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Comparison - Ad-hoc vs Stored Procedure vs Dynamic SQL

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25 March 2014


Comparison: Ad-hoc vs Stored Procedure vs Dynamic SQL

Sometimes when you are creating a SQL query, you wonder if it’s more sensible to use a standard T-SQL, or some other possibility. In this post I will try to compare the three different possibilities, so that you can make your own decision. If you read the comparison below, keep in mind that there is no right or wrong in this. Each situation requires a different point of view, and may offer it’s own difficulties.

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  Ad-Hoc Query Stored Procedure Dynamic SQL Use it for Long, complex queries
(OLAP; for example Reporting or Analysis) Short, simple queries
(OLTP; for example Insert, Update, Delete, Select) Short, simple queries
(OLTP; for example Insert, Update, Delete, Select) Performance Compiled at runtime, Execution Plan stored in Cache</p>

Changed data is no issues because of re-compile</td> Compiled once at first run, and stored in Procedure Cache</p>

Changed data might be a performance bottleneck. Can be
solved with recompile</td> Compiled at runtime, and execution plan is not stored

(unless
using the more efficient sp_executesql)</p>

Changed data is no issue because of re-compile</td> </tr> Security Permissions (read/write) on all objects (database(s)/table(s)) Execute permissions on SP are enough Permissions (read/write) on all objects (database(s)/table(s)) Flexibility If changed, your application needs to be recompiled If changed, only need to change the SP in the database If changed, your application needs to be recompiled Number of Statements Only 1 statement possible Multiple statements possible Multiple statements possible Memory Usage Uses more memory then an SP Uses less memory then an ad-hoc query Uses more memory then an SP Network traffic Query executes server side</p>

Query and resultset are send across
network/internet</td> Query executes server side</p>

Execute statement
and resultset are send
across network/internet</td> Query executes server side</p>

Statement
and resultset are send across
network/internet</td> </tr> Separation Database logic and business logic are mostly combined in the query Seperate database logic from business logic Seperate database logic from business logic Troubleshoot Relatively easy to troubleshoot Relatively easy to troubleshoot Difficult to troubleshoot Maintaining Difficult because of several locations in applications and database Easy because of single location Difficult because of several locations in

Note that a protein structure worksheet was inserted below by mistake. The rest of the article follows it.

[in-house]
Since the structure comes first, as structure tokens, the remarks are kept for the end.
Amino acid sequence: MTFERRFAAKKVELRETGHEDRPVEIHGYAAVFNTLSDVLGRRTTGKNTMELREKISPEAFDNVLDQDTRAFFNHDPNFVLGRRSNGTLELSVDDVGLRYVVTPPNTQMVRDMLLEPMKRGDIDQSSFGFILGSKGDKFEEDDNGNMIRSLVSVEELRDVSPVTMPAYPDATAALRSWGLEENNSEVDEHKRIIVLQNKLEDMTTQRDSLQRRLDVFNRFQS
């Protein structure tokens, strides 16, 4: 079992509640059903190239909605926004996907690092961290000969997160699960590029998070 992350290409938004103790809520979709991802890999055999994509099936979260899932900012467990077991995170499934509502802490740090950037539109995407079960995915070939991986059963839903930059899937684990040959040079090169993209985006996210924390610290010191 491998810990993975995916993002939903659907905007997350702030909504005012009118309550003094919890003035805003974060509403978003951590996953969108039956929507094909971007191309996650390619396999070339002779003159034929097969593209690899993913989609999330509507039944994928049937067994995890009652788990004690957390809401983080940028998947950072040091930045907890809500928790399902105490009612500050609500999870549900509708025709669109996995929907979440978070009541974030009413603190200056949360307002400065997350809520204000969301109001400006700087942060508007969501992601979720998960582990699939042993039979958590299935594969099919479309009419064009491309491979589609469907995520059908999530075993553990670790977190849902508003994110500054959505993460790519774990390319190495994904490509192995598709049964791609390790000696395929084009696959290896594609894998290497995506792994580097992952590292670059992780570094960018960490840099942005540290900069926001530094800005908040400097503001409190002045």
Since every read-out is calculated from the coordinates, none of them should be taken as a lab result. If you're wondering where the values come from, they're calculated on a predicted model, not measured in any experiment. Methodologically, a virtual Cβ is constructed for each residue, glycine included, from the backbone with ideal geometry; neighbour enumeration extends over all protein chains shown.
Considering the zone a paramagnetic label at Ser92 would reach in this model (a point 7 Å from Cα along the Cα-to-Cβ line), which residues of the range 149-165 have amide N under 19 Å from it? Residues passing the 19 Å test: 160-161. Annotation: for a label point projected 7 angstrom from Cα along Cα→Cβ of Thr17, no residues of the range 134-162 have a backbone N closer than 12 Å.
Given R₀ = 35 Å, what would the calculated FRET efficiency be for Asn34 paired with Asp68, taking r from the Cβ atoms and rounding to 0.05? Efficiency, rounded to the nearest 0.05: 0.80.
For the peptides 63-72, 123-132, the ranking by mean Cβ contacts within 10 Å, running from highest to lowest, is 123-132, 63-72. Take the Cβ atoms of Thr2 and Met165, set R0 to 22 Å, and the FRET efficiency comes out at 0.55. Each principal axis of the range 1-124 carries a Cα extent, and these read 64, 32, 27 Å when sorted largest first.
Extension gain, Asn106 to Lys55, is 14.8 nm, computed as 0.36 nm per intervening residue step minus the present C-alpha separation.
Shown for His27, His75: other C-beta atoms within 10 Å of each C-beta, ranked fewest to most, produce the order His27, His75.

applications and database Access Difficult to access multiple objects in different databases,
or in dynamic databases Difficult to access multiple objects in different databases,
or in dynamic
database Allows any object (database, table, columns, etc) to be referenced WHERE clause Fairly static WHERE clause Fairly static WHERE clause Dynamic WHERE clause (add/remove), based on parameters Versioning Only possible via Source Controlling your application Possible via Source Controlling your database, and by commenting your SP Only possible via Source Controlling your application CRUD Can be created by getting all your  queries together, and looking for
specific
keywords

(Update, Delete, Select, Etc) Difficult to catch in a CRUD

(Create, Read, Update, Delete) diagram Difficult to catch in a CRUD (Create, Read, Update, Delete) diagram Structure Update Can be changed
simultaneously with structure changes Needs to be altered when the underlying structure is changed Can be changed simultaneously with structure changes Searching No standard way to search through Possible to use sys.procedures to search through SP contents.</p>

Dependency window in SSMS shows SP content</td> No standard way to search through </tr> Testing Can be compiled/tested in code Impossible to automatically compile without 3rd party tools Difficult to test in code Mapping ORM (Object-relational mapping) is possible ORM (Object-relational mapping) is impossible ORM (Object-relational mapping) is impossible Compiling Compiles the whole statement Compiles the whole statement Only static elements can be compiled </table> ## Why Hive is not supporting Stored Procedure? Hive and Hbase are not support stored procedure. However, Hive plans to support Sp ([HIVE-3087](https://issues.apache.org/jira/browse/HIVE-3087)) in the future. HBase has no plan about supporting Sp since it only focuses on being a Storage and more like NoSQL. [Hive UDF](https://cwiki.apache.org/Hive/languagemanual-udf.html) could implement some function of stored procedure, though it's not enough. # RDBMS vs.Hadoop Here is a comparison of the overall differences between the RDBMS and MapReduce-based systems such as Hadoop:

RDBMS MapReduce
Data size Gigabytes Petabytes
Access Interactive and batch Batch
Structure Fixed schema Unstructured schema
Language SQL Procedural (Java, C++, Ruby, etc)
Integrity High Low
Scaling Nonlinear Linear
Updates Read and write Write once, read many times
Latency Low High
# Beyond Hadoop: Fast Ad-Hoc Queries on Big Data


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